Although Duda referred the bill to the TK in February, hearings on the case were repeatedly pushed back amid a rebellion among some of the tribunal’s judges, who argue that the term of the TK’s president, Julia Przyłębsa, expired last year. She and PiS deny that.
The Polish ruling party’s new judicial bill is “unconstitutional on many levels”, says the Supreme Court’s spokesman.
Many legal experts and judges have voiced doubts about the constitutionality of the law, which is intended to unblock frozen EU funds https://t.co/fjXiIhl3s1
— Notes from Poland 🇵🇱 (@notesfrompoland) January 16, 2023
The TK finally issued its ruling on the case yesterday, finding important parts of the legislation to be unconstitutional.
In a justification for their decision, judge Bartłomiej Sochański wrote that the test of independence and impartiality was “already unworkable in principle” and that the new bill now sought to expand it even further.
“The mutual verification by judges of the correctness of their appointments through judicial proceedings is a denial of the principle of independence and a serious violation of the powers of the head of state”, he added. “The court is unaware of any examples of similar national legislation in European countries.”
The TK also found that jurisdiction over disciplinary cases should rest with the Supreme Court, not the Supreme Administrative Court.
By putting the government’s latest judicial reform in the hands of a deeply divided constitutional court, President Duda has virtually ended any realistic prospect of Warsaw receiving frozen EU funds before the election, writes @AleksSzczerbiak https://t.co/zeIctV10hI
— Notes from Poland 🇵🇱 (@notesfrompoland) March 13, 2023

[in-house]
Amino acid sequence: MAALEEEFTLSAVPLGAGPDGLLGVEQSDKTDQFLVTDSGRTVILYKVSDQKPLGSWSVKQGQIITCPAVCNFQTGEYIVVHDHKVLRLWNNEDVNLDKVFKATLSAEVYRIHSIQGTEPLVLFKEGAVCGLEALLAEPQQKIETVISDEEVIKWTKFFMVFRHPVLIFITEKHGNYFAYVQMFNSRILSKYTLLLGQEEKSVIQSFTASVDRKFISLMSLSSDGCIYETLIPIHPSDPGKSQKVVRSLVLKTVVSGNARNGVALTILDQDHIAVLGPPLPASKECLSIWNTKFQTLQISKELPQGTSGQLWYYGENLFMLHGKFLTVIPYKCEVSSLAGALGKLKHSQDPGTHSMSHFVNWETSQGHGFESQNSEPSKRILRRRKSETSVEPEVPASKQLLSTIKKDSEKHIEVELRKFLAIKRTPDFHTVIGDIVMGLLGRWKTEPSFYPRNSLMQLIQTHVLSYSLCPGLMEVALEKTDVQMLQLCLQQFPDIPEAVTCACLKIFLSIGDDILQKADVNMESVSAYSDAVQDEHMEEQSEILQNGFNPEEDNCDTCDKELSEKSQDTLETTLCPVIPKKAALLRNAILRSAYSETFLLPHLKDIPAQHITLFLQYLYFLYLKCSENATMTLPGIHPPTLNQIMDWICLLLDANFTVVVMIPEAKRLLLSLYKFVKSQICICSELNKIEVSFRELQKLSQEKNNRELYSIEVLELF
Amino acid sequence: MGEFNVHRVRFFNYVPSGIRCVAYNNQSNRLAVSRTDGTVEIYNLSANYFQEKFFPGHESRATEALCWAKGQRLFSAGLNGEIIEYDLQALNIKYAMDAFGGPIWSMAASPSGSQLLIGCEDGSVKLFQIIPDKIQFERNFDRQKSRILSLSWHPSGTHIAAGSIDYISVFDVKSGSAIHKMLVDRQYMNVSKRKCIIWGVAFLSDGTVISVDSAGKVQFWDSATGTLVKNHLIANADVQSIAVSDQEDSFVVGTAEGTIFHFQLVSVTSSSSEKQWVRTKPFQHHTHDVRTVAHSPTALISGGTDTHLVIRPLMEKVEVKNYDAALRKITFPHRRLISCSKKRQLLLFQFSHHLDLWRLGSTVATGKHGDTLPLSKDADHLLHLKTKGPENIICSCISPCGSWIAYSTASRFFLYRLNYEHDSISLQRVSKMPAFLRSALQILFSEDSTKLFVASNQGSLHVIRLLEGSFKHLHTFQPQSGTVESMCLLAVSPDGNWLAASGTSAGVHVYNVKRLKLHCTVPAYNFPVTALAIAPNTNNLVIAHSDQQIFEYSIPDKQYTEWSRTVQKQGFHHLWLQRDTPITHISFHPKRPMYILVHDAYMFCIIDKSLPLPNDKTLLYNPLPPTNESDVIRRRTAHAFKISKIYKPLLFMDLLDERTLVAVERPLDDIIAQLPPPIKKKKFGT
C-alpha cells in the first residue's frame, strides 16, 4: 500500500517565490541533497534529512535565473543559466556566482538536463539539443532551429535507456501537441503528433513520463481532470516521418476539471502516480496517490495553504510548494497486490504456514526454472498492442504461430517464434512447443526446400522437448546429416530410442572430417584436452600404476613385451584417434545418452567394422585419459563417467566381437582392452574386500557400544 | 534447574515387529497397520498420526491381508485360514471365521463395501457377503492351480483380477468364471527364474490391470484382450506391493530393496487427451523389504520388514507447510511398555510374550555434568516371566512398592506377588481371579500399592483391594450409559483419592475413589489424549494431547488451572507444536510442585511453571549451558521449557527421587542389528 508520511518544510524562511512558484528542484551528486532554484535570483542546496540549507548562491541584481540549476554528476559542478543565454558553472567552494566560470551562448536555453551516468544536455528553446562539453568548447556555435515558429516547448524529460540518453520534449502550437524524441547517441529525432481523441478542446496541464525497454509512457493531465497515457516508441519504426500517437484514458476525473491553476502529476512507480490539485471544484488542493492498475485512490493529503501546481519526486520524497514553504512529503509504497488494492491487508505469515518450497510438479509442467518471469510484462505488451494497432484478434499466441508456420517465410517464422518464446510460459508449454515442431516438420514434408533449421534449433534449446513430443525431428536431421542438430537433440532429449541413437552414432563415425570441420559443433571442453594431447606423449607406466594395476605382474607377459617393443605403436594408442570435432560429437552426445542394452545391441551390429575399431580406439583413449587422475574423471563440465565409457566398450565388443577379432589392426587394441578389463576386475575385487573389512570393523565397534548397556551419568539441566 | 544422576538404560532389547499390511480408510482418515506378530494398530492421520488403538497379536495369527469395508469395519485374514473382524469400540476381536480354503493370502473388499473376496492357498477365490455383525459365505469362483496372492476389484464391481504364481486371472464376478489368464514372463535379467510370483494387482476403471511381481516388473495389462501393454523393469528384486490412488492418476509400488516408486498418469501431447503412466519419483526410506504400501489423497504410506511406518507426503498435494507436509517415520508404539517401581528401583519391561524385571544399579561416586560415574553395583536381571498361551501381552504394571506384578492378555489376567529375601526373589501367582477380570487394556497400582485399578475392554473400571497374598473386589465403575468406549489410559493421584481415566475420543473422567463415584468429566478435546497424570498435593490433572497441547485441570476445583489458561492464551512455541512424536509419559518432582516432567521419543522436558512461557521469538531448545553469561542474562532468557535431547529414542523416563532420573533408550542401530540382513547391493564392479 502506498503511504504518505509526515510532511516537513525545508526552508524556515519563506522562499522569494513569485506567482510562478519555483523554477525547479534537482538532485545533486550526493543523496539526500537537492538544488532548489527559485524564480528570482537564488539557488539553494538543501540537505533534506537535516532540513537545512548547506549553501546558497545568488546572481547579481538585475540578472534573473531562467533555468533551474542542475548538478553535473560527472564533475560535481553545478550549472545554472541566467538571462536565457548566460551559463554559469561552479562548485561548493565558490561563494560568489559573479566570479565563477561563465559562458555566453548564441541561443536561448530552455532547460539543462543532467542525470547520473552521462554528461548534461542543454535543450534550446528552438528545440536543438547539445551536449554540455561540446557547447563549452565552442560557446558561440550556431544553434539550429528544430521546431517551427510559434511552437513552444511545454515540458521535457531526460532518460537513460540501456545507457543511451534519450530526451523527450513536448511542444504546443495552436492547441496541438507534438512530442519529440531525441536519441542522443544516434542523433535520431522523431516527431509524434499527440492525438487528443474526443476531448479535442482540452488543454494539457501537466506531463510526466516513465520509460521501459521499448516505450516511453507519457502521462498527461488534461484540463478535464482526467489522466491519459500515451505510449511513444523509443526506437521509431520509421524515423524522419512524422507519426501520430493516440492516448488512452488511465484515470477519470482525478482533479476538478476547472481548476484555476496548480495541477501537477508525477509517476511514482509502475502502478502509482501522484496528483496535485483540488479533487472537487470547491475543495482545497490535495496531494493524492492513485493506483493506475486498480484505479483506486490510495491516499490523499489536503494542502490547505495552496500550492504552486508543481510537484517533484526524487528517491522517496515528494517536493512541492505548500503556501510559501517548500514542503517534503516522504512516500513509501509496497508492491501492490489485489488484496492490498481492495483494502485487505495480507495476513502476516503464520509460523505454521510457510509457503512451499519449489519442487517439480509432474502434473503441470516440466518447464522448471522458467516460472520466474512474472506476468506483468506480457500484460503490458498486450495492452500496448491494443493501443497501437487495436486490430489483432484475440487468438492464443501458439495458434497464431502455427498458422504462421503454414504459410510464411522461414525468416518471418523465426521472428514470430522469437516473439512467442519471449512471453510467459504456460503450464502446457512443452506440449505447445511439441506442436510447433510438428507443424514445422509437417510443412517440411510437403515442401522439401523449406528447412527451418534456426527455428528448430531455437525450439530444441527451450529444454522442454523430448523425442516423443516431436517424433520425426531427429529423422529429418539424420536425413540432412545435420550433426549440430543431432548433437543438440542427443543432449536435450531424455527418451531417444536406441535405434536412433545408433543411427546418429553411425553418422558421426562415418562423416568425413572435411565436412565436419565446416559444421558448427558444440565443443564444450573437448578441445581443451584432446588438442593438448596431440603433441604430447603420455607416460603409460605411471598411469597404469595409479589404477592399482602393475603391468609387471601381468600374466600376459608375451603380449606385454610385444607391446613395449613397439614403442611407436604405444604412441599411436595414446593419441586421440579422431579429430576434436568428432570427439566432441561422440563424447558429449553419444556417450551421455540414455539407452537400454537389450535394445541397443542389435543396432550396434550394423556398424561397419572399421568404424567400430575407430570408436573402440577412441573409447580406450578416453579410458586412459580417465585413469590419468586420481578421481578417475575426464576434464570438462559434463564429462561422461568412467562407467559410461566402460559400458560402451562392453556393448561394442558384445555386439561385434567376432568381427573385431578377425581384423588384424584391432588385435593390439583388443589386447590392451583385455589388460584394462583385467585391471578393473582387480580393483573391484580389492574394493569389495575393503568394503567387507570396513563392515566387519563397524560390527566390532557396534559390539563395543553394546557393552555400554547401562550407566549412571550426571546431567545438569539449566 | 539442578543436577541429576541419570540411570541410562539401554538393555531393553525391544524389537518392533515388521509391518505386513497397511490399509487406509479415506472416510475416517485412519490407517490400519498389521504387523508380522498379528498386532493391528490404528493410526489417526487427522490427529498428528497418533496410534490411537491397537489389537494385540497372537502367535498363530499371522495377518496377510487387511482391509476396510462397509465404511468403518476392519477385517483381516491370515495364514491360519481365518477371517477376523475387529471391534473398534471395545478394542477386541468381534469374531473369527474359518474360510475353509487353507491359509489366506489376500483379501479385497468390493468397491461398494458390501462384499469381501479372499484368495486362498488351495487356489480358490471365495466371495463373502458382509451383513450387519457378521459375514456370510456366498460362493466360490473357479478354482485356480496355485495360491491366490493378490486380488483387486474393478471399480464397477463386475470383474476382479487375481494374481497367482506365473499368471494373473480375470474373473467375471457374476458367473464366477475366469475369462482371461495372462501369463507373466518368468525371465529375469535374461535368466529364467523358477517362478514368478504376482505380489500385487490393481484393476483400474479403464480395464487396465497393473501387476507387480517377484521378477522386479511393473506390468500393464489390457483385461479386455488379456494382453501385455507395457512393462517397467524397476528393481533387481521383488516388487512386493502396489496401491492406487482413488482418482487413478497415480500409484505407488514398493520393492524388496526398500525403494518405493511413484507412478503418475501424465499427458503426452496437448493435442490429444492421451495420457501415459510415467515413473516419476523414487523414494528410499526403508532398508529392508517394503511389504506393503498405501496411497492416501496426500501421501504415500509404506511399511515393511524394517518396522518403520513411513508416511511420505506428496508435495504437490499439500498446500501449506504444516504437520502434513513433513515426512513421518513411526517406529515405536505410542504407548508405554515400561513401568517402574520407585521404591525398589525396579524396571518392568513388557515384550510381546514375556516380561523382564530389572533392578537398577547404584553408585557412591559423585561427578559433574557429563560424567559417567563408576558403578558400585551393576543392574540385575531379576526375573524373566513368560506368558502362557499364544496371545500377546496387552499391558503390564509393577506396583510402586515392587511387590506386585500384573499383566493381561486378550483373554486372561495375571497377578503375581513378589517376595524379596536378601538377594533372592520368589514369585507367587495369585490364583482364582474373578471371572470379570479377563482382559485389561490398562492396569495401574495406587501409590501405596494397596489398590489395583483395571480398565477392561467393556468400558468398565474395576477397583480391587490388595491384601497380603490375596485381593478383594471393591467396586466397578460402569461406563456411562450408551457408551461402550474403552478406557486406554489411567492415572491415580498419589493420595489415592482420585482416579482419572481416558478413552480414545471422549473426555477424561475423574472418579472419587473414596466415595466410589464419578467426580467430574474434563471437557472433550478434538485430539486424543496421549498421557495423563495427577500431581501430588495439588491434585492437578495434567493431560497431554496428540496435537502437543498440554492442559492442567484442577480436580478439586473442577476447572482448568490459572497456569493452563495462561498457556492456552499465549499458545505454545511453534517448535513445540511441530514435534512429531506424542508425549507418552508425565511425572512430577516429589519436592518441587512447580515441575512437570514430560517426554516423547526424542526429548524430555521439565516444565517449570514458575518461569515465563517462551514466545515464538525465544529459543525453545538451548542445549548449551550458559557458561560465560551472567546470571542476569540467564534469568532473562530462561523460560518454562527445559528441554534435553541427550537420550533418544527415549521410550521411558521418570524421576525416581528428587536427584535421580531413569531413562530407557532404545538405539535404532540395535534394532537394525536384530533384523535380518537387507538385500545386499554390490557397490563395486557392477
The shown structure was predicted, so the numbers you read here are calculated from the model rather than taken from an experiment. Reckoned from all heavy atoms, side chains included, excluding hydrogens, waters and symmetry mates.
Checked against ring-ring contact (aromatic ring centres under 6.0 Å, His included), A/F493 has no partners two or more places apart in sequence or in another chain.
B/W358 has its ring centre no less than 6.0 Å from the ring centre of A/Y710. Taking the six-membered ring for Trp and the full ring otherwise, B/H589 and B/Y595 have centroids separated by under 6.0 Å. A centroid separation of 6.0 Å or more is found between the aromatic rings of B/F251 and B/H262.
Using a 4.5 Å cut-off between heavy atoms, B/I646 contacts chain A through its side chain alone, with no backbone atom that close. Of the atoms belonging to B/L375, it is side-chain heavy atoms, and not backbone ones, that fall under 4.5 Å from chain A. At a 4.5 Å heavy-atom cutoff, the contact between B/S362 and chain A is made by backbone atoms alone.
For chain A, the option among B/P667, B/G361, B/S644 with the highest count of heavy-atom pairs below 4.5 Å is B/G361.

The ruling was welcomed by Jakub Jaraczewski, a rule-of-law expert at Democracy Reporting International, a Berlin-based NGO.
“The law was pushed by PiS allegedly to satisfy the European Commission rule of law recovery fund milestones,” added Jaraczewski. “But in their rush, the ruling camp stepped on the toes of President Duda and [justice minister] Ziobro, and both decided to make life harder for PiS.”
PiS, however, lost its parliamentary majority at October’s elections and is this week being replaced by a new government led by Donald Tusk. He has pledged to improve relations with Brussels, restore the rule of law, and unlock Poland’s frozen funds.
Yes, it’s the „unlock RRF” law aimed to take disciplinary proceedings against judges out of the Supreme Court entirely and into the Supreme Administrative Court. It was a bad law that was correctly found to be unconstitutional by a broken tribunal for wrong reasons (phew). 2/
— Jakub Jaraczewski (@J_Jaraczewski) December 12, 2023
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Main image credit: Adrian Grycuk/Wikimedia Commons (under CC BY-SA 3.0 PL)
Alicja Ptak is senior editor at Notes from Poland and a multimedia journalist. She previously worked for Reuters.